I had a conversation with someone who does not believe in God, a scientist, he asked me what I thought about evolution and the evidence that supports it. Because I believe in the goodness of God, I was able to answer honestly and I am quite sure he was able to respect my answer and yet not feel pressured or insulted or ridiculed. He did not make me feel the same way either. The larger view as I understand it, is not about having a tightly neat theology, its just about having the clearest view of Jesus possible and seeking an even clearer one, so we are free to change lots of things in order to see Jesus Clearly, like Zacheaus we might need to climb a tree and afterwards we might need to come down from the tree, we have to do and believe whatever helps us see Jesus better. this is what the larger view is all about in my opinion. at least thats what I use it for.

As I have recently learned, we can never bend the truth, we can only bend our perception of truth. The more we bend ourselves, one day we will break ourselves.

The way I read my bible, the way I study history, EGW, the way I engage in conversation and the way I react when someone opens up to me about their failing and doubts. The way I treat myself when I fail, all these things are practical ways that I have seen changes happen in my life and in the lives of others who have believed the message. This is what I understand the message to be in brief.

God is love. People haven’t always believed this but by and by everyone will see it. and Love will cover the world. So we pray day and night Thy kingdom come.


I thought you might be interested in knowing that there have been some Christians who have recognized the mistreatment of Black and Native Americans and have made intercessory prayer for forgiveness. Here is an example:


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Someone said “If wishes and but’s were raisins and nuts we’d all have a bowl of granola.”

Similarly, while the notion that god could somehow magically save two people who share the same beliefs, to say nothing of a group of like minded people en masse, is a believable idea, it is nothing more than that.

Moreover, no belief—despite the certainty with it is held nor the frequency with which it is repeated—can prove that it must be the case just as there is no amount of hope or faith in a wish that can make that wish a prophecy.

To my mind Mark Twain’s view that each man must go to his own heaven is just as believable and much more appealing.

For example, Jerry Fallwell would think he had died and gone to hell if the “god” of his heaven invited in a group of homosexuals.

Thanks for your reply.

I’m glad that Maxwell was of value to you and your world view. He just wasn’t that for me.

I too, no longer have the need to get into heated debates, or have the “need to be right”. That’s not important to me anymore, so I totally get what you are saying. I enjoy a discussion, to be sure. But, I don’t take anything personally, and I’m less and less inclined to feel that I have to convince anyone of anything.


Sophistry of sophistry, all is sophistry. This article does not have arguments, it simply eloquently relates a gut feeling that is convenient to the majority of this magazine’s listeners.Even the title begs the question, by asserting without evidence that the two perspectives are in contradiction. It is useful because it foreshadows all of this article’s fallacies make.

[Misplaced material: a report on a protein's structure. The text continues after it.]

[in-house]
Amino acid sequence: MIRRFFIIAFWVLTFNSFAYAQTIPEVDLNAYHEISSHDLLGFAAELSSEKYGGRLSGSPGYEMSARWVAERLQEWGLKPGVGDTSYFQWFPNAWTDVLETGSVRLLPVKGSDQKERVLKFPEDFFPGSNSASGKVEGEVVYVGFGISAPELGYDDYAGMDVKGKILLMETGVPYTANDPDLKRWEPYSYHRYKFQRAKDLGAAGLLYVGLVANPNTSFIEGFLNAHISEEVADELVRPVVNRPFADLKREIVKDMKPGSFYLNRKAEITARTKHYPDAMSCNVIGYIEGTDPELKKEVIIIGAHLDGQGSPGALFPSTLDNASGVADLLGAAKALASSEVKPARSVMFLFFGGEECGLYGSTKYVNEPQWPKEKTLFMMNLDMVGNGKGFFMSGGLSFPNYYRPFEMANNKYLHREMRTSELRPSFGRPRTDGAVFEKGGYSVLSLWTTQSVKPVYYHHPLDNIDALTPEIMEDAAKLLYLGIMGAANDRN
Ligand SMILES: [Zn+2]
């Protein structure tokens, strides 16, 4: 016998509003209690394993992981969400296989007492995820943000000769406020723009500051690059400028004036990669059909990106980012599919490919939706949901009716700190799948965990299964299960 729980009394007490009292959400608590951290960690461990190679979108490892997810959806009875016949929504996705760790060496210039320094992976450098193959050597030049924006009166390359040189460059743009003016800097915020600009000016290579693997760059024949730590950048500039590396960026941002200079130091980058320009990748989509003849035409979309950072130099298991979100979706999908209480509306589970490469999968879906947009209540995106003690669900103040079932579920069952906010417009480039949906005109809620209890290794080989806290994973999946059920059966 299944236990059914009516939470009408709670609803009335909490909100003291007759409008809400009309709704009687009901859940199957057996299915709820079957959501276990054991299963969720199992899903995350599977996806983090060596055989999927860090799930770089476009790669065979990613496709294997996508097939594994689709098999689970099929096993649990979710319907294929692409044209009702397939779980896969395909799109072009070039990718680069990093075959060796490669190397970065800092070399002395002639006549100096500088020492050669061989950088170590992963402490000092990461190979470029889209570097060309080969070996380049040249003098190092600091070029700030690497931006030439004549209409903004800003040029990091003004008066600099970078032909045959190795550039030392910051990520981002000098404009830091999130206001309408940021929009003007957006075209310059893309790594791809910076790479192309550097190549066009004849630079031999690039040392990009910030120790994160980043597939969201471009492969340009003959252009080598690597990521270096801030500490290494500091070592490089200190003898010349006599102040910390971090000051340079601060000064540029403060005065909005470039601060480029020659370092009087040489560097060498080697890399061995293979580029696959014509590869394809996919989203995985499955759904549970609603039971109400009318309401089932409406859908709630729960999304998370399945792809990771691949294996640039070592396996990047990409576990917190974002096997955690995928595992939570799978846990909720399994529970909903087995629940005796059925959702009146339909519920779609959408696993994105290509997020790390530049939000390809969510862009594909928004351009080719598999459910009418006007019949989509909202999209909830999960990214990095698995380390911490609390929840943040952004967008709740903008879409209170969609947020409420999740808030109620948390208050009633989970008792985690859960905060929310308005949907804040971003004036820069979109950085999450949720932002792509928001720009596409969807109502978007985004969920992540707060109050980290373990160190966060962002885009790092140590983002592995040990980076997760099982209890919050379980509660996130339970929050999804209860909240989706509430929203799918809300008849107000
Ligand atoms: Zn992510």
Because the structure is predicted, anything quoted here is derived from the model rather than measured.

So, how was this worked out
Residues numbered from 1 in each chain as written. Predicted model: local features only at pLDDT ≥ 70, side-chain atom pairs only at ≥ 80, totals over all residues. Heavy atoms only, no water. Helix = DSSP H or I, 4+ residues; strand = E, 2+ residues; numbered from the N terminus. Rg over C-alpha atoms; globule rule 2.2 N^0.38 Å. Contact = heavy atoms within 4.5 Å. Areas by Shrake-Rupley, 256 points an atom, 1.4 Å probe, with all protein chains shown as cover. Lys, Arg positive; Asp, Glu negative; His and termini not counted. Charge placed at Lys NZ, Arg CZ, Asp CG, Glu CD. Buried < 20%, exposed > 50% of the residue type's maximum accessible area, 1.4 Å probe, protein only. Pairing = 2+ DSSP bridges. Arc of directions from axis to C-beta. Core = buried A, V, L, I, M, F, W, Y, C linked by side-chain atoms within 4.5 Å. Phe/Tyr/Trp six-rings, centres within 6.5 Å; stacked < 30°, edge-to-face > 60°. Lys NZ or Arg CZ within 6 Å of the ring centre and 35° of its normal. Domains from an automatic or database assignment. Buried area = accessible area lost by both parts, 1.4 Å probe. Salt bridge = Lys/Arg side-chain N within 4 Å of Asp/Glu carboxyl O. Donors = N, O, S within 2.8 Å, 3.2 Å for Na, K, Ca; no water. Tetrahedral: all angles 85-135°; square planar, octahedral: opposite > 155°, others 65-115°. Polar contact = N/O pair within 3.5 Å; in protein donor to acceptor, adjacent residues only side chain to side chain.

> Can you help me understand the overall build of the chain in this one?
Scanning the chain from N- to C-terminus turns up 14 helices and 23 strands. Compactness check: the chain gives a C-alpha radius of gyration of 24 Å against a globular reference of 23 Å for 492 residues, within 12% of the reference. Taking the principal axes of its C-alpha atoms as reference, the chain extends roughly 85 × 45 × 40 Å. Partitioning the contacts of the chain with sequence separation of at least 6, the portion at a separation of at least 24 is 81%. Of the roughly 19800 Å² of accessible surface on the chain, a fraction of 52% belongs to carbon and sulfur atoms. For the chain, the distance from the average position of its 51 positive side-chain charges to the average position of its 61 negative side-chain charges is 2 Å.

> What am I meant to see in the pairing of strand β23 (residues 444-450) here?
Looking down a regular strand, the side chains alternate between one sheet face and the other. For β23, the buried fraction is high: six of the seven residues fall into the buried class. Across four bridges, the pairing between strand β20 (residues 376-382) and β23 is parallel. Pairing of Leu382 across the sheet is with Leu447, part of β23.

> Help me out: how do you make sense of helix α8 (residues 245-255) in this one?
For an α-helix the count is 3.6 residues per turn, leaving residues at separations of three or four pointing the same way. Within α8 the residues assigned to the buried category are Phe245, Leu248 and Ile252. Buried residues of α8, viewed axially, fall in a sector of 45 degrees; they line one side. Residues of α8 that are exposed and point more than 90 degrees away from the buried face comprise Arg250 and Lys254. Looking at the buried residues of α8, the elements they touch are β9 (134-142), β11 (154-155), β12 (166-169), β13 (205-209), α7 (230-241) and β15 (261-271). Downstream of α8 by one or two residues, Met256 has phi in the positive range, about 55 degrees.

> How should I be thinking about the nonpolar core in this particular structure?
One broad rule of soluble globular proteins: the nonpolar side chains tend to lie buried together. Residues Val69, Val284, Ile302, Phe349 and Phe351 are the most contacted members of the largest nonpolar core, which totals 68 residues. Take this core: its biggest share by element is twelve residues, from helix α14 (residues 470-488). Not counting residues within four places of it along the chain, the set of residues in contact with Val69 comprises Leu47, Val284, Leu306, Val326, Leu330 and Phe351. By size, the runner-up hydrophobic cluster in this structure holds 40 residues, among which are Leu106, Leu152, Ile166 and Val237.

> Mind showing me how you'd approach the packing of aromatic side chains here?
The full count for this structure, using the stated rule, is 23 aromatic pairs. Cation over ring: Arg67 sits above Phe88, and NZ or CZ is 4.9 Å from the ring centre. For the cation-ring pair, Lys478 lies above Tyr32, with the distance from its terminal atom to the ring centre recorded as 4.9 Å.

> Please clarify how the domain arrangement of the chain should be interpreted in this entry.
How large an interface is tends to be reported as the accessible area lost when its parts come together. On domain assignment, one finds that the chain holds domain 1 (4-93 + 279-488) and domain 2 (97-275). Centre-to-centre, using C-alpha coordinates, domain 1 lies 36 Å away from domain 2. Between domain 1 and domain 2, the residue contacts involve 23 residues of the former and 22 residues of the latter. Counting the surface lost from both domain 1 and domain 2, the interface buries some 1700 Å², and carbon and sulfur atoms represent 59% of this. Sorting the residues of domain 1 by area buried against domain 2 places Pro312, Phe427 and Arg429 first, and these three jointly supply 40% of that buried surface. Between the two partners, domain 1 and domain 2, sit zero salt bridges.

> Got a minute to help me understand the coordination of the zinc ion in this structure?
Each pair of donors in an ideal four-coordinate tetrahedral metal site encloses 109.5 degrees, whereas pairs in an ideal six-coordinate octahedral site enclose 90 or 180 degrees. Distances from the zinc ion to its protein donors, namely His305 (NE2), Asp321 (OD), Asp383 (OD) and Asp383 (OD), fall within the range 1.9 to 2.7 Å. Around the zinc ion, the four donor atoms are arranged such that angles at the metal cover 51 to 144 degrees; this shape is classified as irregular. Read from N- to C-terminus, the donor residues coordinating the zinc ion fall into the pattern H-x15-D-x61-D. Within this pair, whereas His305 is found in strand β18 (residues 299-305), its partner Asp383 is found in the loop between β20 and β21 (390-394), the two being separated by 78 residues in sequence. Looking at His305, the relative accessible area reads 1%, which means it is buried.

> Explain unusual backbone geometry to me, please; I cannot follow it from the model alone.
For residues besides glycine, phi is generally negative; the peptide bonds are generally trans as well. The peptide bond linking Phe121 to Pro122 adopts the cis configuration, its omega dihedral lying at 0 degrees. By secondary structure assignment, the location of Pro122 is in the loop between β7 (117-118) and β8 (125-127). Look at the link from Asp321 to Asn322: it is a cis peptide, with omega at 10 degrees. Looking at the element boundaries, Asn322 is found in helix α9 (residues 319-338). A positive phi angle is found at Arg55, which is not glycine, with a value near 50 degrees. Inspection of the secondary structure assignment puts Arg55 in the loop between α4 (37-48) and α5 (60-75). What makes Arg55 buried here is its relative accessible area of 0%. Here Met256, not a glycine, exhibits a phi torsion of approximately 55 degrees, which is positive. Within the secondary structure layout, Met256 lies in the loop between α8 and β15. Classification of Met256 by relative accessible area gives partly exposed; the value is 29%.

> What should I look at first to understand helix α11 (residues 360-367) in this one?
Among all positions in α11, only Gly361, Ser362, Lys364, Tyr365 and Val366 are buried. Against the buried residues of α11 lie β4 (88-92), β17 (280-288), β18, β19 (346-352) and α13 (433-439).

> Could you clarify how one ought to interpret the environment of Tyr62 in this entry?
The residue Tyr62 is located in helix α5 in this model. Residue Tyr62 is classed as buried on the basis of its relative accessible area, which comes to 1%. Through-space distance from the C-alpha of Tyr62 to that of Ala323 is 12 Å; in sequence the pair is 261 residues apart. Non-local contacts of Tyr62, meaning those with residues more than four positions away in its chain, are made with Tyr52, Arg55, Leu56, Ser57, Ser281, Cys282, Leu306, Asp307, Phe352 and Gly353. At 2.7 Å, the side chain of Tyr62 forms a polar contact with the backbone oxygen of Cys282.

The author saying may not be safe saying this is also silly. Unless he was literally inside David Koresh’s building at the time of publication, it’s a ridiculous plea to suggest a false courage. I do not know of any Adventist who has been murdered or maimed for his views by another Adventist. But that’s just an argument from ignorance that may be wrong. Hand-wringing over “-isms” is another non-argument largely based off the philosopher John Hughes’ work “Ferris Bueller’s Day Off”. It’s one of the silly arguments that people use to say Adventists are not Christians- ChristianITY vs AdventISM. It’s just a dumb word thing. You can add an “-ism” to anything because it doesn’t mean anything itself. Heck, I could call the author’s view “contextlesscosmicconflict-ism” or something more catchy. Would it be an argument? No, not at all.

“The biblical mainstay of “historicism” is the Book of Daniel. Daniel presents historical prophecy (“history” without the need to call it “historicism”).
Revelation is influenced by Daniel, but it is more than a Second Daniel”

Once again begging the question. He is basing his argument on the premise that only Daniel can have a historical (I’ll try to avoid the unspeakable suffix) interpretation, and arrive at that same conclusion. Daniel says some limited things without the context of revelation, because of present truth. Revelation doesn’t mean very much without Daniel, which was much older. The basic premise that the New Testament is essentially deeper and more spirtual than the Old Testament makes the author a dispensationalist (or, believer of dispensations I’d better say). There’s a lot of nice churches he can go to on Sunday where the folks will agree with him.

" Historicist readings are event-centered, time-centered, and history -centered. “Cosmic conflict” readings are value -centered and God -centered"

Timeless values and issues regarding the character of God can play out in the world and in time. At this point, it’s clear that the author has completely rejected Ellen White’s writings, given that such a position cannot be held if he read and believed her most famous book.

I read the rest and it wasn’t very good either. Baseless attacks on fundamental beliefs that require digging up the whole library to categorically refute are a bit much for your average dumb college kid like myself (who would still rather not do schoolwork even after the Sabbath). But when we see fallicies, proof that the author is not acting in good faith, and a heavy reliance on pathos and wordplay, we can draw a fairly clear conclusion that the author is wrong and contributes little.